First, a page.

It’s so hard to pick a short list of great plants to talk about in early summer, as everywhere you look there’s something worth mentioning, but here are just a handful of my favourites for now.
Sanguisorba officinalis ‘Tanna’
With neat, ground-hugging clumps of attractive foliage, this burnet is smaller than many other varieties of Sanguisorba, as it grows to just 30-40cm high. It’s an easy, compact perennial to grow on moisture-retentive soils in sun or partial shade, flowering from June onwards. I like to use it as an edging plant as it’s so well-behaved and tidy, and the leaves are interesting too. Last year I added a few stems to bunches of mixed flowers I cut from the garden and I’m happy to report that they have quite a good vase life too.
The small dark red bottlebrush flowers on sturdy stems fade to brown but they retain their shape & structure well into autumn so it’s one of those plants that is worth growing for its long period of interest. Yet to be tested by yours truly, but apparently the foliage is edible and tastes of cucumber! Whether that’s true or not, apparently this plant is ‘rabbit resistant’ but again, that’s something I haven’t tested and would welcome feedback on.
Lamium maculatum ‘Beacon Silver’
There’s no doubt that dry shady areas of the garden are notoriously difficult to keep looking good. Plant choices are limited and it can be hard to find flowering interest beyond spring. That’s where Lamium maculatum comes in!
Commonly known as ‘dead nettle’ for fairly obvious reasons, this is a seriously useful plant if you’re looking for low spreading ground cover which offers both foliage interest and pretty flowers. Lamiums come with a variety of leaf pattern and degrees of variegation. I particularly like the white-flowering ‘White Nancy’ and pink-flowering ‘Beacon Silver’. Growing to just 15 or 20cm in height but spreading 60cm or more, with silver and green heart-shaped leaves, they are ideal to brighten up gloomy areas under shrubs and trees. Lamium maculatum have semi-evergreen foliage, and prefer partial or full shade, are drought tolerant once established, great for suppressing weeds and will flower from May to July. All in all a really good value plant!
Iris Sibirica ‘Tropic Night’
Iris are a really useful family of late spring / early summer flowering plants which will grow in a wide variety of garden situations – as long as you choose the right variety for your soil conditions. Some Iris like to bake in hot dry borders, others like to grow in water – and there are others still which will thrive somewhere in between. Iris sibirica is one of those – happy in a border with ‘normal’ garden soil (but not dry), or equally happy planted as a marginal plant (at the edge of a pond). And this Iris will grow in full sun or partial shade, so all in all a very accommodating perennial!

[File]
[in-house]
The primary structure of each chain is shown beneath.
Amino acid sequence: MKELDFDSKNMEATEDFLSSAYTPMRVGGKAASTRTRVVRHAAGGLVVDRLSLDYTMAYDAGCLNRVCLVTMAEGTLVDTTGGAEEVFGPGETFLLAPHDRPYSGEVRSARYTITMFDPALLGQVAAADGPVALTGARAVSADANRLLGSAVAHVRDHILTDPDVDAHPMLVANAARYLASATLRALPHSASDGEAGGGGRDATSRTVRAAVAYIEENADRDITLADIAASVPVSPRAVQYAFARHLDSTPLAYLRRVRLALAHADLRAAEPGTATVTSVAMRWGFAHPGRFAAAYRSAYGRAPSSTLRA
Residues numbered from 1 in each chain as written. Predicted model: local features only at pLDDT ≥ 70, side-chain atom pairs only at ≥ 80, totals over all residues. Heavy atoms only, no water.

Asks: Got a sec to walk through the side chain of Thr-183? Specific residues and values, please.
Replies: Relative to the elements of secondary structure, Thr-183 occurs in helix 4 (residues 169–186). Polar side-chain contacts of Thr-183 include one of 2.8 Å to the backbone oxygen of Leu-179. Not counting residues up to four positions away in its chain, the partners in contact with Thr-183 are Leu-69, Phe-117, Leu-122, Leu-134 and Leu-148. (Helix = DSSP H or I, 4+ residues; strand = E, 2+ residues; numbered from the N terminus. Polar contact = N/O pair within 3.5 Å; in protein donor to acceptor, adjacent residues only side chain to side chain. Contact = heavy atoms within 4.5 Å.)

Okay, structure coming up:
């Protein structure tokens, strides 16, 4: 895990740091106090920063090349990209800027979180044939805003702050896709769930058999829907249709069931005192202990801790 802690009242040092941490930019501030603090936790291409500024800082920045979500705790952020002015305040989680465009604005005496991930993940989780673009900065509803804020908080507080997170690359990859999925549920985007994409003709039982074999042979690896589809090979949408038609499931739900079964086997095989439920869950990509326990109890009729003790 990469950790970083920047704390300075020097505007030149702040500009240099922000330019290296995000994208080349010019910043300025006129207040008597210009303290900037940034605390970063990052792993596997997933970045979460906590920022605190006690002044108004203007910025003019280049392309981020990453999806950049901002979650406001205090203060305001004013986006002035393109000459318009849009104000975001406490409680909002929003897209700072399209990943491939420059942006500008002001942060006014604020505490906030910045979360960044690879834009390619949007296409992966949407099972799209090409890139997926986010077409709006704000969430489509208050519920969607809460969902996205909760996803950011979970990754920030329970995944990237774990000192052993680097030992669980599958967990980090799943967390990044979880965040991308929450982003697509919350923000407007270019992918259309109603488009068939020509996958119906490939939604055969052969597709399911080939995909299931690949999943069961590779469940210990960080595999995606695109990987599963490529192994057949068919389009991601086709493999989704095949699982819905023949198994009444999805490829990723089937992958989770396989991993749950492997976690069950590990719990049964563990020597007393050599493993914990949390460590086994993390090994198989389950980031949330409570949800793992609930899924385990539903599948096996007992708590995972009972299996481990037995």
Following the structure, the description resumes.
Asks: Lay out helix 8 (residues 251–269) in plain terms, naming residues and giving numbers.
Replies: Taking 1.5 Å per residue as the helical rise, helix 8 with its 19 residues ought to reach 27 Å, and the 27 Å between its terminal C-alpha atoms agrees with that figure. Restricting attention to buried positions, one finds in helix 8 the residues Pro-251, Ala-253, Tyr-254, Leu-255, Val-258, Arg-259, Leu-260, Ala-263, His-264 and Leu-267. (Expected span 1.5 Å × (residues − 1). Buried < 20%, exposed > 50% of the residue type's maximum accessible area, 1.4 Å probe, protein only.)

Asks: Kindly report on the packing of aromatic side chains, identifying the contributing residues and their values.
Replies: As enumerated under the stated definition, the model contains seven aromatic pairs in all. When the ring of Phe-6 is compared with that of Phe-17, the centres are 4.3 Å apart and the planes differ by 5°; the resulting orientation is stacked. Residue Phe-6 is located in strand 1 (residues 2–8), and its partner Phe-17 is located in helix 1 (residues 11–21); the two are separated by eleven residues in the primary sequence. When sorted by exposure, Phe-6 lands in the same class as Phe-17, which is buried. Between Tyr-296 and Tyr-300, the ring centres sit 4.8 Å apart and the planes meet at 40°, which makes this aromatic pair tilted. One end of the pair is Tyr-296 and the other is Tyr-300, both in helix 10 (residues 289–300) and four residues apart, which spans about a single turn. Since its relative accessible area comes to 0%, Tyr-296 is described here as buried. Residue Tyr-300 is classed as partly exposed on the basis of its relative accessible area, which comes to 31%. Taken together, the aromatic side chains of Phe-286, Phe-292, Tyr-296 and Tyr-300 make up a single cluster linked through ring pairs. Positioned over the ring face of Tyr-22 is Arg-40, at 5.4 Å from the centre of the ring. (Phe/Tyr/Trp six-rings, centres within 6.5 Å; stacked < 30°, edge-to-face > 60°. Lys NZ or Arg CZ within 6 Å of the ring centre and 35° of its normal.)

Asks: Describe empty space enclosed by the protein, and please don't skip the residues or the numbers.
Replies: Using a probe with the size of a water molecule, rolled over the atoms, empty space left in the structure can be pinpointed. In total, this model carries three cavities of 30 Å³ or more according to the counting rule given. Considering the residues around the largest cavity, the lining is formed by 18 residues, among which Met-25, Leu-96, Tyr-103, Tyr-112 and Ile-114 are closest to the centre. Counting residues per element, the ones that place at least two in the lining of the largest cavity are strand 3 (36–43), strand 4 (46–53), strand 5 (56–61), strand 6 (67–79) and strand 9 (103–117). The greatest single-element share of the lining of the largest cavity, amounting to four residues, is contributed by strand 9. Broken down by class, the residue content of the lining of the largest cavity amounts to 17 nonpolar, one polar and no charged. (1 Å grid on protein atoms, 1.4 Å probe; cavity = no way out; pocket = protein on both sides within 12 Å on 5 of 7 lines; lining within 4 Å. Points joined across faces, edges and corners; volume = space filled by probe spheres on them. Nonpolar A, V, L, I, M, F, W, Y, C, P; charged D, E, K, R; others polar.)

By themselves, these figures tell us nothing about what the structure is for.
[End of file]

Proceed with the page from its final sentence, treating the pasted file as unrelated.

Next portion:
I have a few clumps in different areas of my garden (split from one original plant I put in my garden years ago). One area is quite dry, another more moist, but all the plants are thriving. Iris sibirica ‘Tropic Night’ is a real beauty in my opinion. It has very delicate flowers in a gorgeous shade of violet blue with beautiful veined markings on the falls.
It will grow into quite a wide clump (about 60-90cm across) over time, and has tall strappy leaves which are an attractive fresh green. (I find it’s worth putting in stakes around the clumps when they reach a good size; as the leaves tend to fall over as the season progresses.) Always a favourite at the Chelsea Flower show, Iris sibirica is one of those plants that looks good in pretty much any scheme – whether you’re aiming for the archetypal cottage garden look, planting around a pond, or designing a more contemporary scheme.
Cirsium rivulare ‘Atropurpureum’
This thistle is a cracker! With flowers a beautiful shade of wine red which grow on sturdy stems rising above a clump of slightly prickly, but attractive leaves, it makes quite a statement. It’s a large perennial – the branching flower stems will get up to about 1.2-1.5m high, and it will spread to about 1m across in time. Easy to grow in a sunny position with good soil that doesn’t dry out, it’s also very attractive to bees, so it’s a great plant to use if you’re aiming to encourage wildlife into your garden.
Cirsium rivulare ‘Atropurpureum’ will flower for weeks too and although it spreads, it’s not one of those thuggish plants you’re constantly having to dig up and give to your friends (or enemies!). Highly recommended.
More great plants for this time of year which are featured in previous blogs:
Photo credits: Janet Bligh & Firgrove Photographic